• South Korea's 3rd Infantry Division (백골부대) have a skull-and-crossbones in their emblem.[citation needed]
  • The primarily Prussian 41st Regiment New York Volunteer Infantry, Mustered in: June 6, 1861-Mustered out: December 9, 1865 wore a skull insignia.[9]
  • The lancers of the Portuguese Army Police 2nd Lancers Regiment use a skull-and-crossbones image in their emblem, similar to the one used by the Queen's Royal Lancers.
  • The Kingdom of Sweden's Hussar Regiments wore a death's head emblem in the Prussian Style on the front of the mirleton.
  • Ramón Cabrera's regiment adopted in 1838 a skull with crossbones flanked by an olive branch and a sword on a black flag during the Spanish Carlist Wars.
  • The White Russian Kornilov regiment adopted a death's head emblem in 1917.
  • The Estonian Kuperjanov's Partisan Battalion used the skull-and-crossbones as their insignia (since 1918); the Kuperjanov Infantry Battalion continues to use the skull and crossbones as their insignia today.
  • Two Polish small cavalry units used death's head emblem during Polish–Ukrainian War and Polish–Soviet War - Dywizjon Jazdy Ochotniczej (also known as Huzarów Śmierci i.e. Death Hussars) and Poznański Ochotniczy Batalion Śmierci.
  • During 1943-1945 the Italian Black Brigades and numerous other forces fighting for the Italian Social Republic, wore various versions of skulls on their uniforms, berets, and caps.
  • Although not exactly a Totenkopf per se, the Chilean guerrilla leader Manuel Rodríguez used the symbol on his elite forces called "Husares de la muerte" ("Hussars of death").
  • The United States Marine Corps Reconnaissance Battalions use the skull-and-crossbones symbol in their emblem.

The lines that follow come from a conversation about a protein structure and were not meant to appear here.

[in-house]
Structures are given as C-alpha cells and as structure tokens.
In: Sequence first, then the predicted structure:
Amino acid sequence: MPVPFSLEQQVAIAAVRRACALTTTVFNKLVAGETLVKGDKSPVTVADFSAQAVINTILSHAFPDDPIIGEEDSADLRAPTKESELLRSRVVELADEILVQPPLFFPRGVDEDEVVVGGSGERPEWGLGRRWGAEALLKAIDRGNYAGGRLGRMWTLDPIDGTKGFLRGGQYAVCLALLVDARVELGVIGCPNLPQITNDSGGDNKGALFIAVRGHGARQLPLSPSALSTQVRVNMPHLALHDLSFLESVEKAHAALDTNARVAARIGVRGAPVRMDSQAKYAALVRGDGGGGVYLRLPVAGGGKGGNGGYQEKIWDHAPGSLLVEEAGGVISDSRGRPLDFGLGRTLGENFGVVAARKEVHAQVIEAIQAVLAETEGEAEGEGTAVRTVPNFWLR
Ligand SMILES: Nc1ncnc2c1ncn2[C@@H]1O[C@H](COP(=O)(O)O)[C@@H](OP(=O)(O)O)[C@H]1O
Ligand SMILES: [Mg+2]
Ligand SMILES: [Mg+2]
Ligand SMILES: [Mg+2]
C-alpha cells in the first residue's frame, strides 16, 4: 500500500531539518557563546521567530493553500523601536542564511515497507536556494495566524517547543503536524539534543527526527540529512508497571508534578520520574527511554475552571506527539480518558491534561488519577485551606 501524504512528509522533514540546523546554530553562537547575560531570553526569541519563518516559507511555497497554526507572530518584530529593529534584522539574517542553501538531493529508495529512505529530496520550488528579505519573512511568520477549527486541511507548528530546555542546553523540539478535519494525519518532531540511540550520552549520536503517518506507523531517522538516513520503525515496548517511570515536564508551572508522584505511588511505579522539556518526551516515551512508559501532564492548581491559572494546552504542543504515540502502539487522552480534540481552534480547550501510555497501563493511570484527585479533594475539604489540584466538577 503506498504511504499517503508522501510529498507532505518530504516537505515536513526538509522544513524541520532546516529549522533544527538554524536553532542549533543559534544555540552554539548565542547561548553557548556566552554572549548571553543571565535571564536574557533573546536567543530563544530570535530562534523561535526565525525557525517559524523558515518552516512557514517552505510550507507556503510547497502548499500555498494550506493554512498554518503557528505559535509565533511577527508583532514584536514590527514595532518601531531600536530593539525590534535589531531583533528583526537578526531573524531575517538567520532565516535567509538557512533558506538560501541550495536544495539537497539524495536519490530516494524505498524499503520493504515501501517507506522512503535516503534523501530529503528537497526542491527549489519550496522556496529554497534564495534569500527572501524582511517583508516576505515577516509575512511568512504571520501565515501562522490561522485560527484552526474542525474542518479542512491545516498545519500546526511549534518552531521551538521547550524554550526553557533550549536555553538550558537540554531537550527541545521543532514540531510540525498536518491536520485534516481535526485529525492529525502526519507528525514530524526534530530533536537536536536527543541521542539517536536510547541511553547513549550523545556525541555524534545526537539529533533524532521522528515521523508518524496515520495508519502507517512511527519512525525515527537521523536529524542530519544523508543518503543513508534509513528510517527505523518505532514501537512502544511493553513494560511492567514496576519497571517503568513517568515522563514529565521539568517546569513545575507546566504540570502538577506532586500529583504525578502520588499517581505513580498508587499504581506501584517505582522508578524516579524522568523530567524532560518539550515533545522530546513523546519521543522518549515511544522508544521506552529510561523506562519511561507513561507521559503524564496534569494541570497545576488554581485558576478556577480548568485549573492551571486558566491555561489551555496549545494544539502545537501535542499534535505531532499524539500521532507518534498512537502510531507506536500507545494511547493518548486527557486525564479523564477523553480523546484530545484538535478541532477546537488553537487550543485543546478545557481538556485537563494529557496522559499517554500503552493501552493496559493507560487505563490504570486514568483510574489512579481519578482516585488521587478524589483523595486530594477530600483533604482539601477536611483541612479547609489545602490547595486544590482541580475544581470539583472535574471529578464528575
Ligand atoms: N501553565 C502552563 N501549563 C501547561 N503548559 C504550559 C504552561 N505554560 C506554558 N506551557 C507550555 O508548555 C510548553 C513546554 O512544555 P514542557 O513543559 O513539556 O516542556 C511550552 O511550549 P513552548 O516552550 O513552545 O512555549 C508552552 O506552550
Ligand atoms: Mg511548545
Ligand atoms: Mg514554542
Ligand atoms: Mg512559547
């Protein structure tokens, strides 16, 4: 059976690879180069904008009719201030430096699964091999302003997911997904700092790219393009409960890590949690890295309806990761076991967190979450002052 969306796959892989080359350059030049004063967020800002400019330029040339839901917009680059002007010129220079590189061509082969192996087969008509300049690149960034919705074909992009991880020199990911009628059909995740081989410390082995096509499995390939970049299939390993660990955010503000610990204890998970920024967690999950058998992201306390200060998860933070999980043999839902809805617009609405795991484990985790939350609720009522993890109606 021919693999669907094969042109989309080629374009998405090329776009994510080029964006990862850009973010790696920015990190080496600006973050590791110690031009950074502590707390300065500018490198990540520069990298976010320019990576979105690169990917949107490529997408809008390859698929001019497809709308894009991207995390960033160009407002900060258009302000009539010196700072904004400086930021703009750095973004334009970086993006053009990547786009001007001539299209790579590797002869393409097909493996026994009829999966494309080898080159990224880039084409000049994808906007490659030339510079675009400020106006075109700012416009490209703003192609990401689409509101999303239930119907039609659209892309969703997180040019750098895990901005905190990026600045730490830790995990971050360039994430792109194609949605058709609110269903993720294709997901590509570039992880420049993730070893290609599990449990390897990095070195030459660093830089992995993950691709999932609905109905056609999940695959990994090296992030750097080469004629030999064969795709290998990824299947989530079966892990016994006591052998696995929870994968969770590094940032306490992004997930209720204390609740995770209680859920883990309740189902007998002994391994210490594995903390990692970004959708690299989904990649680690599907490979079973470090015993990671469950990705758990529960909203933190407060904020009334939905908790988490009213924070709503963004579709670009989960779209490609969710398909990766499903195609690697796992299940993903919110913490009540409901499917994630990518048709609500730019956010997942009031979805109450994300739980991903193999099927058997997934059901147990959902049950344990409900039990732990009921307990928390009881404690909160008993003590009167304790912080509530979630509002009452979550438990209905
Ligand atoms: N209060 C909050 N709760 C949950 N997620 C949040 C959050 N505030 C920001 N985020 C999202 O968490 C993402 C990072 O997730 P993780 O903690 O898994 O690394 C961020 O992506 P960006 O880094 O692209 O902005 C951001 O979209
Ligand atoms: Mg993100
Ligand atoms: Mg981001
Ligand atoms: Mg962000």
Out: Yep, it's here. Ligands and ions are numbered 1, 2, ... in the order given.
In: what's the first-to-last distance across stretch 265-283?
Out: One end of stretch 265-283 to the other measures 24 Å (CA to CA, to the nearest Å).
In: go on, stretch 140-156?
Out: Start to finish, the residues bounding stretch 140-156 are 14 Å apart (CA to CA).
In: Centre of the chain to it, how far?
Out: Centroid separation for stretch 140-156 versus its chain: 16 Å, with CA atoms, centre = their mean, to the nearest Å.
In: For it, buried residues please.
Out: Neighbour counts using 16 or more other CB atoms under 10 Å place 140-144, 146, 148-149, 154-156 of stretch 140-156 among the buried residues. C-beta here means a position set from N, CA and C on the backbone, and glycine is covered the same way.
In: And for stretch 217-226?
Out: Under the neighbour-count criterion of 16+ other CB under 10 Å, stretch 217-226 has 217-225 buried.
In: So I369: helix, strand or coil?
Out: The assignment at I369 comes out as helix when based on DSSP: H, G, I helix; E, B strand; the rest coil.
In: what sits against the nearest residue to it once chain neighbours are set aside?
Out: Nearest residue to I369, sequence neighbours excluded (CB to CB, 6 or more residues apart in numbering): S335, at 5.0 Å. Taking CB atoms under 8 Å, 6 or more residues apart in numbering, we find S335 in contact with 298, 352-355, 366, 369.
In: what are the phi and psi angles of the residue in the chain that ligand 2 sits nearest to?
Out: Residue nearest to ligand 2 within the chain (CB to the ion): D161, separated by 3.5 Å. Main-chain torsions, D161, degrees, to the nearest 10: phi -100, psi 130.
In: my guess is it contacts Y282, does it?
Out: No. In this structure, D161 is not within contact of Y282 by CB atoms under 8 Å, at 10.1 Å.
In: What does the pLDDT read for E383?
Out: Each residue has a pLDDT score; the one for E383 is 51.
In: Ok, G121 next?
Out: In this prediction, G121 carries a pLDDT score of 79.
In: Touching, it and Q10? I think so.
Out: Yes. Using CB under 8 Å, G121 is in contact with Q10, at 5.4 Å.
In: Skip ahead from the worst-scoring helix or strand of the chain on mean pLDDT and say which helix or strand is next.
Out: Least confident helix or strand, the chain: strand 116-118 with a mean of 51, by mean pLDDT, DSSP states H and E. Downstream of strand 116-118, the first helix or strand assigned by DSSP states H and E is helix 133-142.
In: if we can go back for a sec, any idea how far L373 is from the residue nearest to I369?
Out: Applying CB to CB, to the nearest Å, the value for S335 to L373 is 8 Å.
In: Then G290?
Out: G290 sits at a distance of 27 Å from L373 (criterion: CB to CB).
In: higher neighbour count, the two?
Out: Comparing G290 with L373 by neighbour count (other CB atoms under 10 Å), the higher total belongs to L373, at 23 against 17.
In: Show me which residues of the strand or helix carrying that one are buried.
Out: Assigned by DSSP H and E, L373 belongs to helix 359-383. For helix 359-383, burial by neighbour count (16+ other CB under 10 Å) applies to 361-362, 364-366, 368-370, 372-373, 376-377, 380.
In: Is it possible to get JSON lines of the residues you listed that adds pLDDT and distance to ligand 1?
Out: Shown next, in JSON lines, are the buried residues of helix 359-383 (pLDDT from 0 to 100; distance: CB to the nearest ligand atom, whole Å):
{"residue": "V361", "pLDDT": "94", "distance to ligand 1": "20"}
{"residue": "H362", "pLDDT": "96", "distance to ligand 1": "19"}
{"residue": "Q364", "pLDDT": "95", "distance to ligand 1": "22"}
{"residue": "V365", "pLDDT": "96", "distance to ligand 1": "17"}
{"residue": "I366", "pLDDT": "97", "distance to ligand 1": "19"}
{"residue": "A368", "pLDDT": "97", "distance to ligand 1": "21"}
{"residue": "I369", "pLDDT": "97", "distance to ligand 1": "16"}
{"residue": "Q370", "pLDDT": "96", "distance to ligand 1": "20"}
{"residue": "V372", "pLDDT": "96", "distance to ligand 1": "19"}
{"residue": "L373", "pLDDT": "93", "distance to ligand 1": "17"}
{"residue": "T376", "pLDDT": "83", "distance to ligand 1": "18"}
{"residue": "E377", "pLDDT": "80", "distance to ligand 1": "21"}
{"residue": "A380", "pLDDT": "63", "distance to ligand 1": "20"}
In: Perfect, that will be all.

• The No. 100 Squadron RAF (Royal Air Force) continue to use a flag depicting a skull and crossbones supposedly in reference to a flag stolen from a French brothel in 1918.
  • Heavy Weapon's Platoon (DFSW) of the 3rd Battalion (PARA) Royal Australian Regiment proudly display the Totenkopf

Popular culture[edit | edit source]

  • Laibach, during their 2003/2004 WAT tour, used the SS Totenkopf with a bullet hole in the forehead. The defaced symbol is also on the cover of the CD single Tanz Mit Laibach.[10]
  • Dr. Totenkopf is the name of the supervillain from the science fiction film Sky Captain and the World of Tomorrow (2004), and was played by Sir Laurence Olivier posthumously, using archived footage and computer graphics.
  • In the game Empire Total War, the Death's Head Hussars appears as a special forces unit.
  • Marilyn Manson combined the Totenkopf insignia with Mickey Mouse's likeness for varied use, leading up to and throughout The Golden Age of Grotesque era.[11]
  • Death in June use a modified totenkopf as their logo.
  • Melvins use the World War 2 Panzer version of the totenkopf with three rather than two crossed bones for the "Singles 1–12" compilation album which was released in 1997 through Amphetamine Reptile Records and for the CD-Single #5.[12][13]
  • In Half-Life 2, the Combine's special forces, or the Overwatch Elite, bear an insignia of a human skull that strongly resembles the totenkopf.

See also[edit | edit source]

Bibliography[edit | edit source]

  • Klaus D. Patzwall: Der SS-Totenkopfring. 5th edition: Patzwall, Melbeck 2010, ISBN 978-3-931533-07-6.

References[edit | edit source]

  1. The lexical formation of the word: Toten-Kopf can be explained as "dead person's head" (gender-neutral), but what the word semantically refers to is not the decapitated head of a person, but a skull. The more correct literal translation is "head of Death," the anthropomorphic personification depicted as a skeleton with a scythe. The word used for "skull," anatomically, is Schädel; Totenkopf connotes a skull-as-symbol.
  2. Linguistic confusion may occur since the Death's-head Hawkmoth species is called Totenkopfkopfschwärmer (skull hawkmoth) in German.
  3. Osprey Publishing - The Black Brunswickers
  4. First World War - Willmott, H. P.; Dorling Kindersley, 2003, Page 252
  5. Heinrich Himmler: "Der Totenkopf ist die Mahnung, jederzeit bereit zu sein, das Leben unseres Ichs einzusetzen für das Leben der Gesamtheit."
  6. Angolia, John R., and Adolf Schlicht, Uniforms and Traditions of the Luftwaffe Volume 2, R. James Bender Publishing, San Jose, CA, 1997. ISBN 0-912138-71-8.
  7. QRL Regimental Association
  8. (French) http://pagesperso-orange.fr/minismodels/figurines/hussards_de_la_mort/hussards_de_la_mort.htm
  9. New York Military State Military Museum
  10. The Sources Of Laibach Kunst
  11. The Golden Age of Grotesque | Rodent Death's Head - The NACHTKABARETT
  12. http://www.metal-archives.com/images/6/0/7/1/60712.jpg It's Shoved / Forgotten Principles
  13. http://commons.wikimedia.org/wiki/File:Panzer_Totenkopf.jpg